Weights aren’t just for powerlifters and strong men. Strength training keeps us structurally sound and underpins all other physical activities – whether you’re in the gym, running around after your kids or sitting at a desk all week long.
In fact, in today’s sedentary environment – when most of us suffer with bad posture or back pain – we would all benefit from a bit of strength training – especially so as we age and as muscle mass decreases and we become pray to structural issues such as osteoporosis and arthritis.
And then of course, there are the numerous extra benefits of weight work for anyone who is in training – being stronger means that we are able to exercise harder and faster for longer, and are less prone to injury.
Five key lessons in strength training, for beginners.
Balance the body: We are never going to achieve perfect symmetry; that’s not the goal. But we all have imbalances throughout the body and we need to work towards developing structural balance, beginners especially. Think single leg exercises, specific core activation or strengthening work, and lots of shoulder and hip mobility or stability. What we do will depend on our individual strengths and weaknesses, but we should all make structural balance the cornerstone of our programme.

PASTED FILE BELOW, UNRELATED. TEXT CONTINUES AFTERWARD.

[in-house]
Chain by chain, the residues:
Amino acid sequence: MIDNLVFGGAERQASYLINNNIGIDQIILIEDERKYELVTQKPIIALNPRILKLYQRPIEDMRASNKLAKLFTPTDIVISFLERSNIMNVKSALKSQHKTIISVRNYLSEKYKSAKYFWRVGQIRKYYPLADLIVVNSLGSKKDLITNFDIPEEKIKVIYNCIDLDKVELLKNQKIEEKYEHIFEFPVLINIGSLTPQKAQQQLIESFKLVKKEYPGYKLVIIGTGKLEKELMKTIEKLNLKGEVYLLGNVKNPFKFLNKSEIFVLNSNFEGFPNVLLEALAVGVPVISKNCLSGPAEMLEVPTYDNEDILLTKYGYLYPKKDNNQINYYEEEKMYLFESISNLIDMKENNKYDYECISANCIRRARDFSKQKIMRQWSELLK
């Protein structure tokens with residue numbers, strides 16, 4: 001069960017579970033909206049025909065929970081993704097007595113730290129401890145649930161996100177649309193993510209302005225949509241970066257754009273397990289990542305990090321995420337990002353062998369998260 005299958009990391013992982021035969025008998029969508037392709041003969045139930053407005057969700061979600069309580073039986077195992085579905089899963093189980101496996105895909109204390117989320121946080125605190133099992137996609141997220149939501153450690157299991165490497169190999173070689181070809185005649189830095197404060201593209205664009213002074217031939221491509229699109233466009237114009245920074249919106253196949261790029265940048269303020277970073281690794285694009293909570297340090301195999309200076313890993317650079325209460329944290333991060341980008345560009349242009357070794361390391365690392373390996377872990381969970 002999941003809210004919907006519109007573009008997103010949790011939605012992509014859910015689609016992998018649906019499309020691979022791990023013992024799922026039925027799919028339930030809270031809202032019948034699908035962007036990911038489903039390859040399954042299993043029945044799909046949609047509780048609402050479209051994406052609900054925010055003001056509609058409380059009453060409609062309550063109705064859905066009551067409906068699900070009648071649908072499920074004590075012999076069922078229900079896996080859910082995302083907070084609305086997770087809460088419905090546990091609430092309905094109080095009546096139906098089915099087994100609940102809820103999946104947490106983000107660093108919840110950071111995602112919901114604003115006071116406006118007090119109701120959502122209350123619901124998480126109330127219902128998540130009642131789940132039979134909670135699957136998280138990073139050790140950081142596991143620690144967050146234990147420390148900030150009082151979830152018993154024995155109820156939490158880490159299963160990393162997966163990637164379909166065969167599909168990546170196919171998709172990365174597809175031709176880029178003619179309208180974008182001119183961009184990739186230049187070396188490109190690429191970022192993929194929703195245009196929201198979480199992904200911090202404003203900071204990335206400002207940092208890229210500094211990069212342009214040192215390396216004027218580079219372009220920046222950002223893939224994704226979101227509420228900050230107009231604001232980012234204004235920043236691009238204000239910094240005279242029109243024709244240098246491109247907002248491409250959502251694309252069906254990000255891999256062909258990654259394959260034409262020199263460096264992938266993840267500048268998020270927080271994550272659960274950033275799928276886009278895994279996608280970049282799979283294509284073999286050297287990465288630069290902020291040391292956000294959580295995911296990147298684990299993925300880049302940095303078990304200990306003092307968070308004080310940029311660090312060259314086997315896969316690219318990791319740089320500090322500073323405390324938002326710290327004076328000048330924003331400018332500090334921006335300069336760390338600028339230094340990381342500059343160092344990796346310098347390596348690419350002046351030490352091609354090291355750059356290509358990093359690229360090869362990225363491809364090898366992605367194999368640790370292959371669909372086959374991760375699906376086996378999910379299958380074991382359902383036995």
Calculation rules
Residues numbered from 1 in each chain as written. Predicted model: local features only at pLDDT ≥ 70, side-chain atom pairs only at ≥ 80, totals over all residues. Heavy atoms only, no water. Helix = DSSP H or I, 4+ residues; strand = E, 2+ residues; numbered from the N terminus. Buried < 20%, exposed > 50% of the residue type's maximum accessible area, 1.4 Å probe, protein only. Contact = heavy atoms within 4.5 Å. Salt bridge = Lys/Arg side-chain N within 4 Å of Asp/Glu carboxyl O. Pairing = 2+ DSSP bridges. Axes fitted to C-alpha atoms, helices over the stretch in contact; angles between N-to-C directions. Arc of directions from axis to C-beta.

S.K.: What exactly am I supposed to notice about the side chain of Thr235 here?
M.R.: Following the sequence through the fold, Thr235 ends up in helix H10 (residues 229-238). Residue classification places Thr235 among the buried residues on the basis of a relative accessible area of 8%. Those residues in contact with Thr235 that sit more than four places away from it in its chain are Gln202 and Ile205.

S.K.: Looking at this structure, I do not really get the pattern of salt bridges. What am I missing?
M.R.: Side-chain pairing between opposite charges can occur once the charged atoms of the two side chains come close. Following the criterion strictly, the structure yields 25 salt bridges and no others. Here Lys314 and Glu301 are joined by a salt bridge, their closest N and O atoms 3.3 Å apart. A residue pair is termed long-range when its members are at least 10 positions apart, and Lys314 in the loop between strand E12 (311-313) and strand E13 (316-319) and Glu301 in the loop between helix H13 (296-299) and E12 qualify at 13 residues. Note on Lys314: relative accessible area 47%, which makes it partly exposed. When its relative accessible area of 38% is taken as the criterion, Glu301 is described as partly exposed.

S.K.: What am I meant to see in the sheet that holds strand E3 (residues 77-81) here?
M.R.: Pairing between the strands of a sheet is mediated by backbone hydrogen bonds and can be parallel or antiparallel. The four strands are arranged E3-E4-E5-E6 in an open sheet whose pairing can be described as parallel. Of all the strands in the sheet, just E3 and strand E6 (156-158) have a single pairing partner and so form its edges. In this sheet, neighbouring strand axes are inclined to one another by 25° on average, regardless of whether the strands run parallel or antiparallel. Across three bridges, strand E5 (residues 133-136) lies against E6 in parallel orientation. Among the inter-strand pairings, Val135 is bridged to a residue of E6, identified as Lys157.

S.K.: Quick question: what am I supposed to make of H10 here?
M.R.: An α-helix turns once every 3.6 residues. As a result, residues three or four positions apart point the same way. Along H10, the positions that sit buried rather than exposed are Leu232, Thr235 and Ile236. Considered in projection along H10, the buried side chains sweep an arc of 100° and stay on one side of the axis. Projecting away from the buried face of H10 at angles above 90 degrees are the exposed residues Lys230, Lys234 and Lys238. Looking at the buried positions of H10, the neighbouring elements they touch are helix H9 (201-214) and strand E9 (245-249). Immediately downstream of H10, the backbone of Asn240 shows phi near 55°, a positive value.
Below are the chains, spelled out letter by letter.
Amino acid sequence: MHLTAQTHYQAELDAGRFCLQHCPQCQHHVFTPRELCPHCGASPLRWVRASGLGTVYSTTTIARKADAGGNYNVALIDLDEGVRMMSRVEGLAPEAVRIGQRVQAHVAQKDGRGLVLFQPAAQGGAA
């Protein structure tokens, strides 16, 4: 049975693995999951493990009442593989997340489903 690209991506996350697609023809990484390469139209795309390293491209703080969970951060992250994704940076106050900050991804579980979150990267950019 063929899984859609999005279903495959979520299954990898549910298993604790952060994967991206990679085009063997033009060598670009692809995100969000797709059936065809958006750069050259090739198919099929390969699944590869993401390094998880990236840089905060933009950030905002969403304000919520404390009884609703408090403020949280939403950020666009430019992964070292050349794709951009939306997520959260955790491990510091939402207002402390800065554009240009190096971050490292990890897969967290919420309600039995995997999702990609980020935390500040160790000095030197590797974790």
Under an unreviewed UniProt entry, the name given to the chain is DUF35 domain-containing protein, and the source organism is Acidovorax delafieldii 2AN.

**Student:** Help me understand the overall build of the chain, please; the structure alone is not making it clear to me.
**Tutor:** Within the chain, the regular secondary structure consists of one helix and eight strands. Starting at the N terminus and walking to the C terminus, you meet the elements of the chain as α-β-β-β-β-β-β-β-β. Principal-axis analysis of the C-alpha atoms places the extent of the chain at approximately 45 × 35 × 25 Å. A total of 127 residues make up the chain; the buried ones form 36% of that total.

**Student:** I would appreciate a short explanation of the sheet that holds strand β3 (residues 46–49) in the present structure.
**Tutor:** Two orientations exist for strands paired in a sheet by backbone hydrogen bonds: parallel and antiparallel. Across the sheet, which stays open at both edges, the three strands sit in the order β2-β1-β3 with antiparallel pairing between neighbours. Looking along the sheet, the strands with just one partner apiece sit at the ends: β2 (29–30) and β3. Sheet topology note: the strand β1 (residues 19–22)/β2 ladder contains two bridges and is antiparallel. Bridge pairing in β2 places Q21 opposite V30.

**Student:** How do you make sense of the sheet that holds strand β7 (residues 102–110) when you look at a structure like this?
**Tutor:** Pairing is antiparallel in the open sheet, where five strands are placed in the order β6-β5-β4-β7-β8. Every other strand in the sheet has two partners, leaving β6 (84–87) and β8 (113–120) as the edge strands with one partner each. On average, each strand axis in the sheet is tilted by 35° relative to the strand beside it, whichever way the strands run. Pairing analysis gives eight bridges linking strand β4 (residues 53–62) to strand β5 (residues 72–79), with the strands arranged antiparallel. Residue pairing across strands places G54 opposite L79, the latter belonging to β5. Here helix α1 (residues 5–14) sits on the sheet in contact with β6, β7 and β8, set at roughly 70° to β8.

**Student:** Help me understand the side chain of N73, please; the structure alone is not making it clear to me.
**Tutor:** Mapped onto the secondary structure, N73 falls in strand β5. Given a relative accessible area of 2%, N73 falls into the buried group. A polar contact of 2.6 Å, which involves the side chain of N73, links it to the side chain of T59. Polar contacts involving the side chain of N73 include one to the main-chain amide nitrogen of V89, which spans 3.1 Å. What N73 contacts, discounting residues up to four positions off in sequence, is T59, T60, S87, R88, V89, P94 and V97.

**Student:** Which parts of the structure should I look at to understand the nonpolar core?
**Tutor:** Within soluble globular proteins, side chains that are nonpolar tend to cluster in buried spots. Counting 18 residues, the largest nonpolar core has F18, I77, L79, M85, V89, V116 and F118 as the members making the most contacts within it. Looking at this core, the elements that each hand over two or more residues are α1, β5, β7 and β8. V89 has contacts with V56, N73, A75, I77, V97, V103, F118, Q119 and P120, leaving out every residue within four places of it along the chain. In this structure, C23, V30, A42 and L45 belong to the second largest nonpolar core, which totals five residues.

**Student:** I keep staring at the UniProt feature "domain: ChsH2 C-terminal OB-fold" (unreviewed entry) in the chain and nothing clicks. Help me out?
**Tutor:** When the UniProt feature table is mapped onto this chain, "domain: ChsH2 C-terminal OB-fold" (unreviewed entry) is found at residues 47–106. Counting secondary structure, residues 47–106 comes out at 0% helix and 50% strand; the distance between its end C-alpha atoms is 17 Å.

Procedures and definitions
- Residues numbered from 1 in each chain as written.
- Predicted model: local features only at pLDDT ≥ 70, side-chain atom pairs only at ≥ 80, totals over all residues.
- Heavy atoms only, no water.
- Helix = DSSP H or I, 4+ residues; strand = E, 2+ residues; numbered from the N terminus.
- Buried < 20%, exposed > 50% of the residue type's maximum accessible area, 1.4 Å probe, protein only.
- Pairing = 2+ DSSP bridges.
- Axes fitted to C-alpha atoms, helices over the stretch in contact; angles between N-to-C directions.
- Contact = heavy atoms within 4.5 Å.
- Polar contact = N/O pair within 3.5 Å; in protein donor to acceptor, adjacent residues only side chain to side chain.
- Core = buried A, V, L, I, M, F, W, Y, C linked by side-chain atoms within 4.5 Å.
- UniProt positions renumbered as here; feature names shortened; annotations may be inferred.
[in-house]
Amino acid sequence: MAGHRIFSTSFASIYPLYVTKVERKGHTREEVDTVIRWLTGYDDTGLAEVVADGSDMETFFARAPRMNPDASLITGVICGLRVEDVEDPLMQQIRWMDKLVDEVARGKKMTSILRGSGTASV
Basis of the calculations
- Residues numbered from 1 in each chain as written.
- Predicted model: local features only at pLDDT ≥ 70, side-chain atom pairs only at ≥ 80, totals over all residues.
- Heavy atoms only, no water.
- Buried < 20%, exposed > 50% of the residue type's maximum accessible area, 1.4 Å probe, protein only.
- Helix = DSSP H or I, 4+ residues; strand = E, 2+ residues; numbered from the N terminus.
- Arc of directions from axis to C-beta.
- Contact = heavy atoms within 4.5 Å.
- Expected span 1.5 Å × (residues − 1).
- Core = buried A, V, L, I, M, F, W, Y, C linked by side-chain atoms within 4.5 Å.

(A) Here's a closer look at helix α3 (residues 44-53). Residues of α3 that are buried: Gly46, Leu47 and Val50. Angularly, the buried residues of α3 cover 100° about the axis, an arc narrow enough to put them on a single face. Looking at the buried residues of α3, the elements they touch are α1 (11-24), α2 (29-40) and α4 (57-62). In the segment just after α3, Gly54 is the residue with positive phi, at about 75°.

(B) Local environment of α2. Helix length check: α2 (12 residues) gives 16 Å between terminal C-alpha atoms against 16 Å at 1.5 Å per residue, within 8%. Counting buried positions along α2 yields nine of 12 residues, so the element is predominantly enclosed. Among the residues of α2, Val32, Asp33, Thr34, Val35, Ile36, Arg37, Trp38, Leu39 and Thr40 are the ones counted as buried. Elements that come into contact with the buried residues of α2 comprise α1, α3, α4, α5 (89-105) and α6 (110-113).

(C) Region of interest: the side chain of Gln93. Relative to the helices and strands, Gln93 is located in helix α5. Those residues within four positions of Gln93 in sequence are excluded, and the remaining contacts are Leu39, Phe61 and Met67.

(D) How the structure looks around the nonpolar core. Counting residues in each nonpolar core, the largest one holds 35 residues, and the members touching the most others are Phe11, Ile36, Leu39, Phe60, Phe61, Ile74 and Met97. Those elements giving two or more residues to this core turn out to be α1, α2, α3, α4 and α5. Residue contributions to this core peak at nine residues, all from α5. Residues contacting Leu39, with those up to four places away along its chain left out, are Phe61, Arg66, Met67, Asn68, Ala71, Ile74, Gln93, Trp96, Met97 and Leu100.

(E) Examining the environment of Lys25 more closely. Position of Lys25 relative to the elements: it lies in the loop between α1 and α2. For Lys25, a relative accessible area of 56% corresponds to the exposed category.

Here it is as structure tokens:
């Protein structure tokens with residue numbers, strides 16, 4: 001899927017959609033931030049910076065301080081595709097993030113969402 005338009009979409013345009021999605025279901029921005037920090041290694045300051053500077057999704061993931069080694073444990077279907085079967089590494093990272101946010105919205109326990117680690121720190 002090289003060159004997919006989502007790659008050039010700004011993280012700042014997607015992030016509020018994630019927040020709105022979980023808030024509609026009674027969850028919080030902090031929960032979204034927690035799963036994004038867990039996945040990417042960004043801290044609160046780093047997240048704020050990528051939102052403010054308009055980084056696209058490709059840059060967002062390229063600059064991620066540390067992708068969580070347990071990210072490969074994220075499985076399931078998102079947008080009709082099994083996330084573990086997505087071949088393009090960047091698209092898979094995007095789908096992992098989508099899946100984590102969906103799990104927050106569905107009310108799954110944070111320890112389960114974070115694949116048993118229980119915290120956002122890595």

Stick to basics: Whilst fun and variety are important in exercise, we don’t actually need too many different workouts to get us to where we want to be – quite the opposite in fact. It doesn’t sound appealing, but in reality making basic movements the core of our programme and doing them again and again until we know them well should be the foundation of any good strength training programme. Forget the latest fads and celebrity workouts; instead get a solid base of movement and technique that you can build upon, adding new exercises over time.
Prioritise technique: Spending the time to develop good technique is the single most important thing that we can do when we start strength training. Ignoring this and reinforcing poor form over and over again will make life a lot harder a few months down the line, plus, it’s likely to lead to injury. Resist the temptation to just make it ‘hard work’ by doing countless reps at high speed with sloppy form, and instead be patient and take time to learn the basics well, and you’ll get to your goal faster.
Prioritise free weights over machines: Machines are useful in rehabilitation and specific muscle groups, but most of us should stick to free weights. By using free weights, we engage more muscles as our body works hard to stabilise the weight as we lift it. This actually makes us systemically strong, rather than just developed in certain areas, which can lead to imbalance and injury.
Park the circuits: Circuit training and other increasingly popular forms of intense interval training work wonders for fat loss, but come with increased risk of injury, especially if our technique is not solid. Before we wade into high repetition – low rest approaches to training, we need to make sure that we are familiar with the movements and exercises.
Once the mind-muscle connection is developed, we can throw ourselves into more intense workouts, as we no longer need to worry about technique, that’s fixed, and we can concentrate on pushing ourselves.
It is important that we are familiar with movements before you speed them up when you’re fatigued, especially in the long term.